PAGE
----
COLUMBUS - Republicans will use some of their few remaining days in control of the Ohio House to pursue legislation cracking down on those who improperly mine government databases for information on private citizens such as ''Joe the Plumber.''
"A lot of the time we talk about creating databases around here for the purpose of protecting people," outgoing House Speaker Jon Husted (R., Kettering) said. "But when those databases are misused, it undermines the credibility of even creating them to begin with.
"That is one of the scariest things that can happen to an individual, to think that somehow if you speak out about government somebody's going to dig up dirt to discredit you."
Ohio Inspector General Tom Charles is investigating reports
that computers in the Ohio Department of Job and Family Services, the attorney general's office, and other agencies were used to search government records pertaining to Samuel "Joe the Plumber" Wurzelbacher.
Mr. Wurzelbacher, of Springfield Township, became an overnight celebrity and the face of Republican presidential candidate John McCain's criticism of Barack Obama when he challenged the Democratic candidate's tax policies while he was in the Toledo area in October.
Helen Jones-Kelley, director of the Ohio Department of Job and Family Services, admitted approving a search of records that might pertain to Mr. Wurzelbacher. She characterized the search as routine given Mr. Wurzelbacher's suggestion that he had the financial means to buy a plumbing business. She never released the results.
Although that is part of Mr. Charles' investigation, Gov. Ted Strickland last week placed Ms. Jones-Kelley on paid administrative leave because e-mails from her office suggested that she may have used state computers to aid Mr. Obama's fund-raising.
A records clerk in the Toledo police investigative services bureau separately faces departmental charges of gross misconduct for accessing a state database for information on Mr. Wurzelbacher at the request of a local television reporter.
"Overall, the governor is willing to look at anything the speaker brings forward, but the governor does think it important to consider the inspector general's recommendations," Strickland spokesman Keith Dailey said.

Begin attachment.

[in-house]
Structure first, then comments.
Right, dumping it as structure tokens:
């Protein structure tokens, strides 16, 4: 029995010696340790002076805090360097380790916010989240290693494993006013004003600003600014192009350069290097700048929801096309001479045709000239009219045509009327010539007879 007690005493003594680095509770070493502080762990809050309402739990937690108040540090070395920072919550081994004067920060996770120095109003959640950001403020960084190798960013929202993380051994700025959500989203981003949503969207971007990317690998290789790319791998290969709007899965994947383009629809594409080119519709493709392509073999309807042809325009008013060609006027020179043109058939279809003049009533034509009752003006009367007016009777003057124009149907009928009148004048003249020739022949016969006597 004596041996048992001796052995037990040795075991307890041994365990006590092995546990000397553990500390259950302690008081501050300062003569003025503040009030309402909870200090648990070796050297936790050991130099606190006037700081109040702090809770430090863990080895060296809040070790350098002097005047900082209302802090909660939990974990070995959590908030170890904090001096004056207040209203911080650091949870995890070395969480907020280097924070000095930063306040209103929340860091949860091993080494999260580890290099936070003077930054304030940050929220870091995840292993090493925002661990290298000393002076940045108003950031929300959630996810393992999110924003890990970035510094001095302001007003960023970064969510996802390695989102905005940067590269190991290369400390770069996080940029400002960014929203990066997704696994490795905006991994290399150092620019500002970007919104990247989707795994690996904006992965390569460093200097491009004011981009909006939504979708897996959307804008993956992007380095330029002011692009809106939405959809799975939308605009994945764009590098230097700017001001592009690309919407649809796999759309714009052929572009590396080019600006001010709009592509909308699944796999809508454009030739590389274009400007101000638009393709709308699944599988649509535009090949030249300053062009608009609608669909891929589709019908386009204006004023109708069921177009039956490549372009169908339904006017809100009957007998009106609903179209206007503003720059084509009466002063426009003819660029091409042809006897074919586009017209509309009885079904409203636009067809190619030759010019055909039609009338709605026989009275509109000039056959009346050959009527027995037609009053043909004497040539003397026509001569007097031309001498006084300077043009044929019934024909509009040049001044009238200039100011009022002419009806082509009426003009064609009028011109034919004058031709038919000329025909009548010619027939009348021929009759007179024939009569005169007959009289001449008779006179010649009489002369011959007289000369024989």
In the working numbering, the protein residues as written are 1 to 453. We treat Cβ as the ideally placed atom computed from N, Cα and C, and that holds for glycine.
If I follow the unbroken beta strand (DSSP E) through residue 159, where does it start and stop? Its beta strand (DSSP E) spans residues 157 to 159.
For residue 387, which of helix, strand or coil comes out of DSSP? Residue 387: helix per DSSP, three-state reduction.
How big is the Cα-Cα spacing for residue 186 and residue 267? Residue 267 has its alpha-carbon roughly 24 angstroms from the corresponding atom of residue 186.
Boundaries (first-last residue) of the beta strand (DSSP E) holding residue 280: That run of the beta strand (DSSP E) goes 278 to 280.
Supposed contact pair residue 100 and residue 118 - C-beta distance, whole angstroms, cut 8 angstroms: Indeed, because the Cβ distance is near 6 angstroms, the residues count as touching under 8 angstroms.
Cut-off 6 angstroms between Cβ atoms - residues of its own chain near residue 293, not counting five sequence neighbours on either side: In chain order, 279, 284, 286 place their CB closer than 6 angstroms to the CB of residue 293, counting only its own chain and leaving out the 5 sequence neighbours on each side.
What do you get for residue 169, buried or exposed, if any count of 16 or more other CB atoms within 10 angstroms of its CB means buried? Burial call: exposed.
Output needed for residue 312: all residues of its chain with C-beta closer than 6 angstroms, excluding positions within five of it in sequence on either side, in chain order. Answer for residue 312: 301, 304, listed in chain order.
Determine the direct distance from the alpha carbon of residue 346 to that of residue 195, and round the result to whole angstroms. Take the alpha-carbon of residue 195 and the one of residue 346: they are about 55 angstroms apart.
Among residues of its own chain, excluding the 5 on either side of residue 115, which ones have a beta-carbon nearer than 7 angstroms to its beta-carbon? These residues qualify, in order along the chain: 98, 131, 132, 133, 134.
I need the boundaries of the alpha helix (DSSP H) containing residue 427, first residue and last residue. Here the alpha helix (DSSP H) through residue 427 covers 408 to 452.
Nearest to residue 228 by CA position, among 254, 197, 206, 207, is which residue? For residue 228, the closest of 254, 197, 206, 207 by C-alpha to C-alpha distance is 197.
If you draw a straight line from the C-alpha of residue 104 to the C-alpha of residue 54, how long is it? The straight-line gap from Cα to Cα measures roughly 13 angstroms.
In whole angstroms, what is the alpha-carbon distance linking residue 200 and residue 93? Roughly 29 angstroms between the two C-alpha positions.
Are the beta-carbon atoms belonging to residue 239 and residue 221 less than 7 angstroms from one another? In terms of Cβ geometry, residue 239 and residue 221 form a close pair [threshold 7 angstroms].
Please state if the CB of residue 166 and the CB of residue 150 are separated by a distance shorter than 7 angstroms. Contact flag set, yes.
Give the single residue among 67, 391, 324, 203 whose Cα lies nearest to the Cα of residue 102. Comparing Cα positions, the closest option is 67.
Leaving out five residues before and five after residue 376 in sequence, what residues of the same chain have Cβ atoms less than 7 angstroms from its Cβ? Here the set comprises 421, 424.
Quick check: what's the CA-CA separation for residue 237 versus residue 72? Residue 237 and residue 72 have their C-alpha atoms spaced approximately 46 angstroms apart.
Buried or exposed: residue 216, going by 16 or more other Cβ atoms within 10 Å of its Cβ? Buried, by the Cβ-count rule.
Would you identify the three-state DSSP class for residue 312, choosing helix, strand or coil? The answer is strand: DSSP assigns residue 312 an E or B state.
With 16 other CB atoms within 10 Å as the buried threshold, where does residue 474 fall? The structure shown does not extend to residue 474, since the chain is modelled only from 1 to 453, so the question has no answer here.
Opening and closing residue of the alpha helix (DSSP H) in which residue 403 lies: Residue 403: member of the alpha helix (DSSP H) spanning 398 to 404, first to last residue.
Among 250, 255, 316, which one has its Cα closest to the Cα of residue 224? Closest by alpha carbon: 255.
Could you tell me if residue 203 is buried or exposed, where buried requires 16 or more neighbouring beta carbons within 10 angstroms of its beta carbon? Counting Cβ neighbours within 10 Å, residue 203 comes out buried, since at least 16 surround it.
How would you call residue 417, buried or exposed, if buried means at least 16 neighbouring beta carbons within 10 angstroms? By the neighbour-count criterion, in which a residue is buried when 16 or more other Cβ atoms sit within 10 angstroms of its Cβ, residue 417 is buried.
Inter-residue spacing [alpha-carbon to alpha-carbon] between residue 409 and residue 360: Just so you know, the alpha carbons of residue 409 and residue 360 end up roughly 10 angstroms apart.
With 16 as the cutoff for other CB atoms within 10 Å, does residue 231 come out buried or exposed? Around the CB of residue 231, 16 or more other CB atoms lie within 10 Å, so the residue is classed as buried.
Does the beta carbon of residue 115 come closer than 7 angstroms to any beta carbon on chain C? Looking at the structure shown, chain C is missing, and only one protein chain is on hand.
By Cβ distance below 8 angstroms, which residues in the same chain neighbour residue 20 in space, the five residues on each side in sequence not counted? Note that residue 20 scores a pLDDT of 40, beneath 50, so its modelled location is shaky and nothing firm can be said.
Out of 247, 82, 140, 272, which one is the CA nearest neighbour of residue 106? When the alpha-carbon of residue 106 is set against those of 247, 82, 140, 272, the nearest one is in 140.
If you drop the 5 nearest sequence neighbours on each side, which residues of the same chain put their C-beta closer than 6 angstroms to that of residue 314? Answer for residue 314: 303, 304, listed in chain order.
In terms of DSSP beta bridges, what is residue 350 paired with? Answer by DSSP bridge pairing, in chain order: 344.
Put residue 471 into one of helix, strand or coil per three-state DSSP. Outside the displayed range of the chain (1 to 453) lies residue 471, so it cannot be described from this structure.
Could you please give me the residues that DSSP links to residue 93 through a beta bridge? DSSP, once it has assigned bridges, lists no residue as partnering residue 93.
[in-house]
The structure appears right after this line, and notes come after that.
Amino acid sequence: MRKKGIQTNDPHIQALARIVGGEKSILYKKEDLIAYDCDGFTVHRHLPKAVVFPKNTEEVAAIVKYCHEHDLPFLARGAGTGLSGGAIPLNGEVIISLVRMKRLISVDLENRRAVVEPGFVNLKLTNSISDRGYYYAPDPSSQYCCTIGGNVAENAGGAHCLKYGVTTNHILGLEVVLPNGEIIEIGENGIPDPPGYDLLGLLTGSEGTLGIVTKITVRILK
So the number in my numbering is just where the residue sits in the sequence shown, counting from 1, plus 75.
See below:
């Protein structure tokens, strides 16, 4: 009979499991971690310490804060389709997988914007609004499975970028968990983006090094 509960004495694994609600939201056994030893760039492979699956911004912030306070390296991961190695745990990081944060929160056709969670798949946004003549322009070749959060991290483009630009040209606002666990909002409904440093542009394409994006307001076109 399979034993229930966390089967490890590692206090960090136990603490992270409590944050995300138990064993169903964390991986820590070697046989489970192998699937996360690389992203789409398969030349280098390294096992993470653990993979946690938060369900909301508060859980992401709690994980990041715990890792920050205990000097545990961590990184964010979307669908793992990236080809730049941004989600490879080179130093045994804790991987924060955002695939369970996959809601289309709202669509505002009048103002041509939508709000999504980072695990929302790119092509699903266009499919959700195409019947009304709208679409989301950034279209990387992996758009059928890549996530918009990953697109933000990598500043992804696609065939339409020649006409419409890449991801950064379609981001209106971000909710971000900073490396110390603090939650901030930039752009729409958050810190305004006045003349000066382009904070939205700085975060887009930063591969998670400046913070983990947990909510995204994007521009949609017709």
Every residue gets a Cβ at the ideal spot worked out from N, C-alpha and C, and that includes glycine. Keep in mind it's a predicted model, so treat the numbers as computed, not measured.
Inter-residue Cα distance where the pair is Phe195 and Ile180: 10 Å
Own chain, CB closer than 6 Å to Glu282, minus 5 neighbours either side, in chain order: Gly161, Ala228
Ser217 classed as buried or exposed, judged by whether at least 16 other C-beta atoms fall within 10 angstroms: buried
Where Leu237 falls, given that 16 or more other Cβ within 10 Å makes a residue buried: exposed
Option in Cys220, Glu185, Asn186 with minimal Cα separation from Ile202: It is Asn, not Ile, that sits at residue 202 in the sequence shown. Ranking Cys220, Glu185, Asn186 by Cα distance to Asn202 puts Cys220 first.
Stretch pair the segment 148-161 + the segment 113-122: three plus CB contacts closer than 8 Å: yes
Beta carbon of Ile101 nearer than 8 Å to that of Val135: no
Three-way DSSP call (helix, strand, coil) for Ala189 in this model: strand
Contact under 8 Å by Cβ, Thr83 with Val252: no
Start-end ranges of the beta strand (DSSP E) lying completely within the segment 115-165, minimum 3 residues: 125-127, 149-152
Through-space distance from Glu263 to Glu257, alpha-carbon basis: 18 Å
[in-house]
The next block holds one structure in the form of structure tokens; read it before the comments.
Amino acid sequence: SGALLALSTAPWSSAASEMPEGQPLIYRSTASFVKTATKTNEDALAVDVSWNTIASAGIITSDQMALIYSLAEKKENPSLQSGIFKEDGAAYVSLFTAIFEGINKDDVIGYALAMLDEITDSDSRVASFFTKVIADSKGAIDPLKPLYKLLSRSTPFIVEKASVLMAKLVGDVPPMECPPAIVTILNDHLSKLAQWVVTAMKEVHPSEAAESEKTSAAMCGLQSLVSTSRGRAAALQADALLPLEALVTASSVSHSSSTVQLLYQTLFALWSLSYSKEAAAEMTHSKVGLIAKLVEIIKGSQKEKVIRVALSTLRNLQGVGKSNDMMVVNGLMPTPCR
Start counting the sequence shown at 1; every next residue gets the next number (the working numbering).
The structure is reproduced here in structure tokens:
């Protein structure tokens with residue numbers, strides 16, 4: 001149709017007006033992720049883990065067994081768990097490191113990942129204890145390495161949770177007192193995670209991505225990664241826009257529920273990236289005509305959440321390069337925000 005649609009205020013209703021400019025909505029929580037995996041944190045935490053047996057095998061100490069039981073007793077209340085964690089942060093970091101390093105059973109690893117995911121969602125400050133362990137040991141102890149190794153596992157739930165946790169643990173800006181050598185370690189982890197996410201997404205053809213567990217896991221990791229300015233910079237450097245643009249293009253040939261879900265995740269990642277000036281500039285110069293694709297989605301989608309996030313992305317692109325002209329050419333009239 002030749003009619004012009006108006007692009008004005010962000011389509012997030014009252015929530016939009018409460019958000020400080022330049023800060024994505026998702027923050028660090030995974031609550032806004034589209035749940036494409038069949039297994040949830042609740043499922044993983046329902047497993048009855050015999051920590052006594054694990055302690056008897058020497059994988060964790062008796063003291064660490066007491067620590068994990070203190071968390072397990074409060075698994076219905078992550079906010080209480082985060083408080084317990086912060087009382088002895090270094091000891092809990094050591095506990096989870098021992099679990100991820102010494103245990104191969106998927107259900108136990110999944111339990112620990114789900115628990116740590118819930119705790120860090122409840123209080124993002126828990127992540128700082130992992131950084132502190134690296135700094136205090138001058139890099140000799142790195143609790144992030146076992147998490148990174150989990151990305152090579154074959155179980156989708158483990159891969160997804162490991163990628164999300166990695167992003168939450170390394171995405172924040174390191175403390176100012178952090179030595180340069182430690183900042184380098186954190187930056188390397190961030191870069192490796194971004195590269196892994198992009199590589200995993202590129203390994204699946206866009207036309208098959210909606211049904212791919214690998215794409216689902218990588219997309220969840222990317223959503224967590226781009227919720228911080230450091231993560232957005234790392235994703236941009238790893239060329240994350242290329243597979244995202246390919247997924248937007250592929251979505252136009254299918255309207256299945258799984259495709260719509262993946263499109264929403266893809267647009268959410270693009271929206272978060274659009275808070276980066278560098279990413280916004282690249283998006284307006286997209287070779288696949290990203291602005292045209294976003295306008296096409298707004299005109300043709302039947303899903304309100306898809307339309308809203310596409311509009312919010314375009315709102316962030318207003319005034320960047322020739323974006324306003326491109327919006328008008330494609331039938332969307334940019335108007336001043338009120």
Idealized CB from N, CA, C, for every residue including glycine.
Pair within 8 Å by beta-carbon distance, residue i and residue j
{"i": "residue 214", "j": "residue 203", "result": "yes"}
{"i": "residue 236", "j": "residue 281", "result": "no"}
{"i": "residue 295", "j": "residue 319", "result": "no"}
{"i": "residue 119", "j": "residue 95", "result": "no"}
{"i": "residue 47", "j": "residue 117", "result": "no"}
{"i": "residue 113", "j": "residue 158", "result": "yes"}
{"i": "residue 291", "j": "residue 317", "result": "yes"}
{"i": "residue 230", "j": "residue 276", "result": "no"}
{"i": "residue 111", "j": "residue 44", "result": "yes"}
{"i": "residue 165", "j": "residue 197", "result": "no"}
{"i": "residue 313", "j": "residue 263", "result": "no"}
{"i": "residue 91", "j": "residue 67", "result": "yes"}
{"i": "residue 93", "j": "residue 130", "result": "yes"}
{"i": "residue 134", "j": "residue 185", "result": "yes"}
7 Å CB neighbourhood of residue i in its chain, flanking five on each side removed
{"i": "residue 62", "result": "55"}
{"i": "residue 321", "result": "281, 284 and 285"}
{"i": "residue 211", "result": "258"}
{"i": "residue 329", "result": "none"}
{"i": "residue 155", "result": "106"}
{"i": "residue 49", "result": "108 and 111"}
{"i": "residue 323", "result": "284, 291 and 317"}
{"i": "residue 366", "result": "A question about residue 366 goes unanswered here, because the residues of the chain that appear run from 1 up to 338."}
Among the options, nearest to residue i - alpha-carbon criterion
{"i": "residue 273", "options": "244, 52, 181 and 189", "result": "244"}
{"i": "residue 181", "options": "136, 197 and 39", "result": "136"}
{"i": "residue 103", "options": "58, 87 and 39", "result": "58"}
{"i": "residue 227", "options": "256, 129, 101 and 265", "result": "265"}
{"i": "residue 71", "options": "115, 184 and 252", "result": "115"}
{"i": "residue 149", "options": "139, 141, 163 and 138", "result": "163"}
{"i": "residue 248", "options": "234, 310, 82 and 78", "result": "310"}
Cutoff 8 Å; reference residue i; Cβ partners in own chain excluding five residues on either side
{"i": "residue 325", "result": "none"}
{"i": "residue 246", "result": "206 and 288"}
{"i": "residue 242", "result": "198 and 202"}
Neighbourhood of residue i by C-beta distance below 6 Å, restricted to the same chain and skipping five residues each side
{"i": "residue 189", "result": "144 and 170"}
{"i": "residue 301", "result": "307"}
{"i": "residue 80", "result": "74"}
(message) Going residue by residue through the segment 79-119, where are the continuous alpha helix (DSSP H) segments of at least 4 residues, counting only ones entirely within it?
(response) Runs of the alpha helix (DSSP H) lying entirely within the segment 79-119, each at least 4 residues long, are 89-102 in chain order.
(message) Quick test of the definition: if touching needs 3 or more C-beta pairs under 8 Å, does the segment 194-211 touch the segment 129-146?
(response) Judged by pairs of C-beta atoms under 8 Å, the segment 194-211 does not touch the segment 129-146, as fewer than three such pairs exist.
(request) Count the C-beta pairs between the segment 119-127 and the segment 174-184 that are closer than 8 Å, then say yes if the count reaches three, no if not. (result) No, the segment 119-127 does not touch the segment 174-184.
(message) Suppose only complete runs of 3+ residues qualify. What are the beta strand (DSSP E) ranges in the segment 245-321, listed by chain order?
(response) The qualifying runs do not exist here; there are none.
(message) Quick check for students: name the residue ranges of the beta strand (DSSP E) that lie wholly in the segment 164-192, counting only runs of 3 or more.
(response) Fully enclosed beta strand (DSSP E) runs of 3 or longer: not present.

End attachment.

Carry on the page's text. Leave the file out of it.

But Mr. Husted said he doesn't think lawmakers need to wait for the investigation's results before pursuing changes in state law.
"How widely this was abused is an issue that is pending in the investigation, and I encourage the inspector general to take the time he needs to do that thoroughly," he said. "But looking at the law regarding what the penalties are and what the limitations are is something we don't have to wait on an investigation to identify. Clearly the law we have now was not enough of a deterrent to prevent it from happening."
Rep. Peter Ujvagi (D., Toledo) said Democrats would probably be open to talks on the subject.
"But if they're just trying to stir the pot on the subject, that's a different story," he said.
Republicans will surrender control of the chamber in January to Democrats, who will hold at least a 51-49 majority. That leaves a handful of lame duck session days this month and in December under GOP control.
But with Mr. Strickland in a position of vetoing any bill Democrats' dislike and with Republicans lacking an override majority, it's unlikely they'll pass anything highly controversial into law.
They are expected to finalize a military bonus program for Ohio veterans of more recent wars, something proposed months ago that was delayed over the question of how to pay for it.
There also have been discussions about Republicans trying to undo changes recently made by Mr. Strickland that are expected to lead to more public works projects paying higher prevailing wages. The GOP has talked about making changes in Ohio's election law in the wake of the most recent election. Both of these latter proposals remain indefinite, Mr. Husted said.
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